Tools for Teaching Postnatal Yoga
Easing Back into Practice
Doctors and midwives recommend that a new mom wait for at least six weeks (eight weeks, if she's had a C-section) before hitting the yoga mat. Establish just how long it's been since she gave birth. She may have practiced regularly during pregnancy, but she doesn't have the same body she had then—or ever before. (Even if this pregnancy wasn't her first, her body and recovery needs won't necessarily be the same after each birth.)
The abdominals are the muscles most affected by pregnancy, and so they're an obvious set to focus on. Jane Austin, a prenatal yoga teacher for the Yoga Tree Studio in San Francisco, encourages students to reacquaint themselves with this area. "I cue engaging abdominal muscles a lot, because women just don't have the connection to their abs muscles, for good reason," Austin explains. "This will create stability so their backs are supported as they move through the postures. The lower back is really going to be the flag if they're working the abs the right way. If it hurts, they've gone past their capacity."
Austin recommends "belly backbends," such as Bhujangasana (Cobra Pose) and Salambhasana (Locust Pose), to regain strength in the back and abdominals. Other poses that help bring awareness to the torso and engage the muscles include a variety of seated twists, such as Marichyasana I (Pose Dedicated to the Sage Marichi I), a twisting variation of Sukhasana (Easy Pose), Parivrtta Janu Sirsasana (Revolved Head-to-Knee Forward Bend), and standing poses such as Utthita Parsvakonasana (Extended Side Angle Pose) and Virabhadrasana I (Warrior I Pose). Once a student feels comfortable with basic abdominal work, she can practice more intense poses, such as Paripurna Navasana (Full Boat Pose) or Plank Pose.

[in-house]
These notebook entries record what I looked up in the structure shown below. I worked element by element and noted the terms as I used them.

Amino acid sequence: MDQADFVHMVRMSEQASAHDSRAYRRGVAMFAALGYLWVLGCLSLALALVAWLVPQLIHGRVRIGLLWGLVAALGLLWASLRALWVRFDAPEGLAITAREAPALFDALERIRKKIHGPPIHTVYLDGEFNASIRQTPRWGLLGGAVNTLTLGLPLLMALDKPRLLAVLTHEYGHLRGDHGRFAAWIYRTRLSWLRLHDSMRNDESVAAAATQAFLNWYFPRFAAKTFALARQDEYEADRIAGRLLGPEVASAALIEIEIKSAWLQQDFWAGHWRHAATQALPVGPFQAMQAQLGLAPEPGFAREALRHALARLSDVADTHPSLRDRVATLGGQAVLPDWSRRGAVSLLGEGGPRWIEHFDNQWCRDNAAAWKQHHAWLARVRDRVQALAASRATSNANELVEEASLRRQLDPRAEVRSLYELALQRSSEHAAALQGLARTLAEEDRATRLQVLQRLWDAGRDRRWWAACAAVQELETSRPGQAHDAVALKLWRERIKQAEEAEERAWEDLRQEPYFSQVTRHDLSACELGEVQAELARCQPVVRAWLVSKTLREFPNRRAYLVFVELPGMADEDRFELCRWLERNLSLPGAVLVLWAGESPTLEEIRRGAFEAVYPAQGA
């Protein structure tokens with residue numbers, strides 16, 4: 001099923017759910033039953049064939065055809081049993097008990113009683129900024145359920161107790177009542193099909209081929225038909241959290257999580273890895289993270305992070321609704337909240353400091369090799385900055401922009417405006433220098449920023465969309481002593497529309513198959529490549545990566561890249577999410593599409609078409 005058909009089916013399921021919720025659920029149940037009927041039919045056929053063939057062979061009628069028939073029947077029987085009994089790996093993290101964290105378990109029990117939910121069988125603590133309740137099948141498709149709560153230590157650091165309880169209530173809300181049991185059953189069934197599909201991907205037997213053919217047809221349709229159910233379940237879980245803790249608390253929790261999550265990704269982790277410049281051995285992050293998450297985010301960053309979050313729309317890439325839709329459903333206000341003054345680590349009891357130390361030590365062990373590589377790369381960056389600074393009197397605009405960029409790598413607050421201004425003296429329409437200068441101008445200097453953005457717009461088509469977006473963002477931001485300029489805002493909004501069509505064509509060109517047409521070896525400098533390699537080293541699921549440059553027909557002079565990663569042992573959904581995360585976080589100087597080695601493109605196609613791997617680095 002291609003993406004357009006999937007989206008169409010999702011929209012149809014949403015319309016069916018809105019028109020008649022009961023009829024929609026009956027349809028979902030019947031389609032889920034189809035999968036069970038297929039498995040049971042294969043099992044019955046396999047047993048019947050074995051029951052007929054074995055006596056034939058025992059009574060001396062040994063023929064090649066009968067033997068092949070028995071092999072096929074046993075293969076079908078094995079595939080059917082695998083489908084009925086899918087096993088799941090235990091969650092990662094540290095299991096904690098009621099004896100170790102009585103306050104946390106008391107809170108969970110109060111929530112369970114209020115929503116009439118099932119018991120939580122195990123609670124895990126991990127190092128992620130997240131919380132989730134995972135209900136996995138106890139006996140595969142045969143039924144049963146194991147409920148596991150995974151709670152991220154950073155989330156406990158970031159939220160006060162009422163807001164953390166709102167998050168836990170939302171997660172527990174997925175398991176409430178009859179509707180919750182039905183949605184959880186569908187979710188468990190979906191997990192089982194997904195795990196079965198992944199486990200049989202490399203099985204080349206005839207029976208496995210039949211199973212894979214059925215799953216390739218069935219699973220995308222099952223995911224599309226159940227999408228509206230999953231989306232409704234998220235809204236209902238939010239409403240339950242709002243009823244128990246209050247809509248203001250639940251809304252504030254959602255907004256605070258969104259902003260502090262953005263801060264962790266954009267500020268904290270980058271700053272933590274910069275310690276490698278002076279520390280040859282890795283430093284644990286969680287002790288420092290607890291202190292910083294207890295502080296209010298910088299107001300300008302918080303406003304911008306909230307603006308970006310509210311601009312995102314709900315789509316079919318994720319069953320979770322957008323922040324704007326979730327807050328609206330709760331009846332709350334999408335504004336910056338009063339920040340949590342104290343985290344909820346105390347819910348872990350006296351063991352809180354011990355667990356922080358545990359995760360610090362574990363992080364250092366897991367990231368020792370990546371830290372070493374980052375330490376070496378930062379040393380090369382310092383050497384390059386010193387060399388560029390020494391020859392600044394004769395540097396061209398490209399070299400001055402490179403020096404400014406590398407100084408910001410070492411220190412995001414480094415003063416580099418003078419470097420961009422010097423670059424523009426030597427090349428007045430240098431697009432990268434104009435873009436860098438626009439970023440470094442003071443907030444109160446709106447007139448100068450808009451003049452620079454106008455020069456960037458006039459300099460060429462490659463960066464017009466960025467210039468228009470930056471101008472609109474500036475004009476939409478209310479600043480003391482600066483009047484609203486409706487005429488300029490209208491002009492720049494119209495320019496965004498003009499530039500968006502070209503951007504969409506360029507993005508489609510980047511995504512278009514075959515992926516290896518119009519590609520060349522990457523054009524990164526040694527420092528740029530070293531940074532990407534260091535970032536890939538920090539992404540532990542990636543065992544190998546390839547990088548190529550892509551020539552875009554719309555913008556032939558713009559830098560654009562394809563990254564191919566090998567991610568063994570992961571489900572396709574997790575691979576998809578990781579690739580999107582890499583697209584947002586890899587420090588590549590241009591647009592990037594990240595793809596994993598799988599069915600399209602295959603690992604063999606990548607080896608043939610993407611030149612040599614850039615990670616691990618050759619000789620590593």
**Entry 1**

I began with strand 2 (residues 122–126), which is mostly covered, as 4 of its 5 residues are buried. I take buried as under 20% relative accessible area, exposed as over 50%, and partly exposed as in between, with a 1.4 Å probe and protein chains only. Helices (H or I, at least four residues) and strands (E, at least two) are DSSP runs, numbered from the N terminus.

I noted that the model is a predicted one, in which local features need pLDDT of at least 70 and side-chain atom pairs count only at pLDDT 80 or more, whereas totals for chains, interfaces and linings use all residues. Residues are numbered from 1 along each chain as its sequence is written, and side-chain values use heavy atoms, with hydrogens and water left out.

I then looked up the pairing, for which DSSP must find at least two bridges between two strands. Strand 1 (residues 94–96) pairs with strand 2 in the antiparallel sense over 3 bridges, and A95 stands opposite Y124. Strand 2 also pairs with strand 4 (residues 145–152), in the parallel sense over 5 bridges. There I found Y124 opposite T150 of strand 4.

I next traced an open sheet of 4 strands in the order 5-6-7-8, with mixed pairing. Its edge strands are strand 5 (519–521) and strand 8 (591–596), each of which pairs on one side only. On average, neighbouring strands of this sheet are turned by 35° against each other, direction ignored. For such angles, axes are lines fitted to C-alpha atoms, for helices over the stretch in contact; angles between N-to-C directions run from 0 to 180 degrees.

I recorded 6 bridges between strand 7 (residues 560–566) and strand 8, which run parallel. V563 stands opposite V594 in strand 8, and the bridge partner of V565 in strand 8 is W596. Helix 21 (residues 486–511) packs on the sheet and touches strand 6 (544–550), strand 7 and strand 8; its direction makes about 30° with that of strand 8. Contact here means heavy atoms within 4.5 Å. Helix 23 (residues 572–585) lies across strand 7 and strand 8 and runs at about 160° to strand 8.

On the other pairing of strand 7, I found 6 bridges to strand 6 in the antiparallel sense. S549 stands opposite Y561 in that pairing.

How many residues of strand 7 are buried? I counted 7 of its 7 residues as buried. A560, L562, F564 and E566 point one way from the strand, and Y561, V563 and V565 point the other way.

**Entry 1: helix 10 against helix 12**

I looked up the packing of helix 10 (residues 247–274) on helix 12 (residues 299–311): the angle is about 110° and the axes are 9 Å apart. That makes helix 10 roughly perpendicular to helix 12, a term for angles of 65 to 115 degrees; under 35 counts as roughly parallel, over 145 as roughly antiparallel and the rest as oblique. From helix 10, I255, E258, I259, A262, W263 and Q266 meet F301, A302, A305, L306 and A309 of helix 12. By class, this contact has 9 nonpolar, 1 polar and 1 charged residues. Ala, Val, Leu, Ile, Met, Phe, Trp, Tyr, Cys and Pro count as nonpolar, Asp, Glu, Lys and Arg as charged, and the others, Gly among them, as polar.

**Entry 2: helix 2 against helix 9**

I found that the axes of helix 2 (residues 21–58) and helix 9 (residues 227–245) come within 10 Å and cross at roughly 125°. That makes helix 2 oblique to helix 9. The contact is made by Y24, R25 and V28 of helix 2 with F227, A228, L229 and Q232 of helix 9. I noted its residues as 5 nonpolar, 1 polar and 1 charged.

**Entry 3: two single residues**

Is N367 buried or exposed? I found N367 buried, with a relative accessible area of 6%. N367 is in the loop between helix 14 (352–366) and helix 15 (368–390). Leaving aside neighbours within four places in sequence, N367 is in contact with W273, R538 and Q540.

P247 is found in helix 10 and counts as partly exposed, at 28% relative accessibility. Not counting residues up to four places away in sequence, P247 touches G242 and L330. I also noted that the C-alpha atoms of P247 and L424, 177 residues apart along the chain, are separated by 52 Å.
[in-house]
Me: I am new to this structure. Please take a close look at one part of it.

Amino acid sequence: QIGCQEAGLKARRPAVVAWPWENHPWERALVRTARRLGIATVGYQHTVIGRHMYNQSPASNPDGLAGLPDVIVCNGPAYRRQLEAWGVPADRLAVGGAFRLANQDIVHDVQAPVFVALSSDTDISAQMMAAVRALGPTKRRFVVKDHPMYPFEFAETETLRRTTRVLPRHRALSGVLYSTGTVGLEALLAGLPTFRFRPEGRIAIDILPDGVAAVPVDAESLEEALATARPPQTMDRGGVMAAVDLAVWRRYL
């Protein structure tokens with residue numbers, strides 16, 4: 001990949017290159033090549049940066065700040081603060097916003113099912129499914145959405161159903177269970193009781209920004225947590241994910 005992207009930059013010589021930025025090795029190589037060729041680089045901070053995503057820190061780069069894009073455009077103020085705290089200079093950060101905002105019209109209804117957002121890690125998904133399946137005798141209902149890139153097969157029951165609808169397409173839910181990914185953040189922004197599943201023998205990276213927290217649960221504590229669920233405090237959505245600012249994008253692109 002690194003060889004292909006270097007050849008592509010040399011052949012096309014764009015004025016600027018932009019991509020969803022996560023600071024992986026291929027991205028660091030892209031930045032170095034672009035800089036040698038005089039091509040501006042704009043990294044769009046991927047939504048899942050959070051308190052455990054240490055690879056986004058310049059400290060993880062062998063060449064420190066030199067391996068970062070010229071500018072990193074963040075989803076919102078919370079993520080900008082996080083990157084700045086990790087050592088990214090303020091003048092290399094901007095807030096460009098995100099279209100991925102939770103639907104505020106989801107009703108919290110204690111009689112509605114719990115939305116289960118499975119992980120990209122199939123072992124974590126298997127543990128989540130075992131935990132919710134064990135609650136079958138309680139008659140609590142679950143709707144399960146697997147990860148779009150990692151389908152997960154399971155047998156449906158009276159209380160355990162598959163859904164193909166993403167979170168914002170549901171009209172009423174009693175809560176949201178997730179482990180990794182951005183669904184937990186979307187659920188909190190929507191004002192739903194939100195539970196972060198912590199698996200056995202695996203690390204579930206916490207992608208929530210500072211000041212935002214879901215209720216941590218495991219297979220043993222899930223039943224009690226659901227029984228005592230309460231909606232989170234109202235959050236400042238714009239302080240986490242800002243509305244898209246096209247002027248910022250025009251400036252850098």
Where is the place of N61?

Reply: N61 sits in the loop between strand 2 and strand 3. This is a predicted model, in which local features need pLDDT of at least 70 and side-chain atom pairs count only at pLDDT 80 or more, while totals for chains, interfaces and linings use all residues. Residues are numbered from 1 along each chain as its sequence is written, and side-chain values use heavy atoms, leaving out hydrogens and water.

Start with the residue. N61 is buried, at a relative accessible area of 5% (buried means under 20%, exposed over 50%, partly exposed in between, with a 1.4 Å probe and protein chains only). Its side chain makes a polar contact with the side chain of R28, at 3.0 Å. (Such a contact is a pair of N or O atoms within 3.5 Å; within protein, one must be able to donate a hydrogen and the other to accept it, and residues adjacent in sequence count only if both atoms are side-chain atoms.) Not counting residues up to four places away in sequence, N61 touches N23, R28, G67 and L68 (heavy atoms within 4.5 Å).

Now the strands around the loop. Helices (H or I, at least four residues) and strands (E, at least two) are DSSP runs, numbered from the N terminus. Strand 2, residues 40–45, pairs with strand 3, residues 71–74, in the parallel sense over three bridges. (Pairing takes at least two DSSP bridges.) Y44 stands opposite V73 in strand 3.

The shoulders and neck are another area that can be very sore in the postpartum period. Austin says, "If she's having any complications around feeding, she's going to find that every feed is a very stressful situation. When a woman is stressed, she tends to pull her shoulders up by her ears, and this creates a lot of pain in the neck and shoulders." Simply carrying a newborn around will strain the upper back, because the tendency is to hunch over the baby instead of standing up straight. Shoulder openers such as Viparita Namaskar (Reverse Prayer Pose), Gomukhasana (Cow Face Pose), and Garudasana (Eagle Pose) will help loosen the muscles in this area.
By the end of the first eight weeks of motherhood, the postpartum student should be ready to resume her regular practice, but remind her to listen to what her body is ready to do. Jumping, dropping back into Urdhva Dhanurasana (Wheel Pose), and intense vinyasa are still a bit ambitious until her abdominals are completely restored.
The Importance of Rest
This time is exciting, exhausting, thrilling, and scary. A new mother will be flooded with conflicting emotions while simultaneously trying to manage all the physical demands of parenthood. Taking time for complete relaxation at the end of class is a good way for her to recuperate and calm her mind. It may be the only time in the day she gets to focus on her own needs. Guided meditation, pPranayama, and supported poses such as Savasana (Corpse Pose), Viparita Karani (Legs-Up-the-Wall Pose), and Supta Baddha Konasana (Reclining Bound Angle Pose) will all help her give her body and mind a rest.
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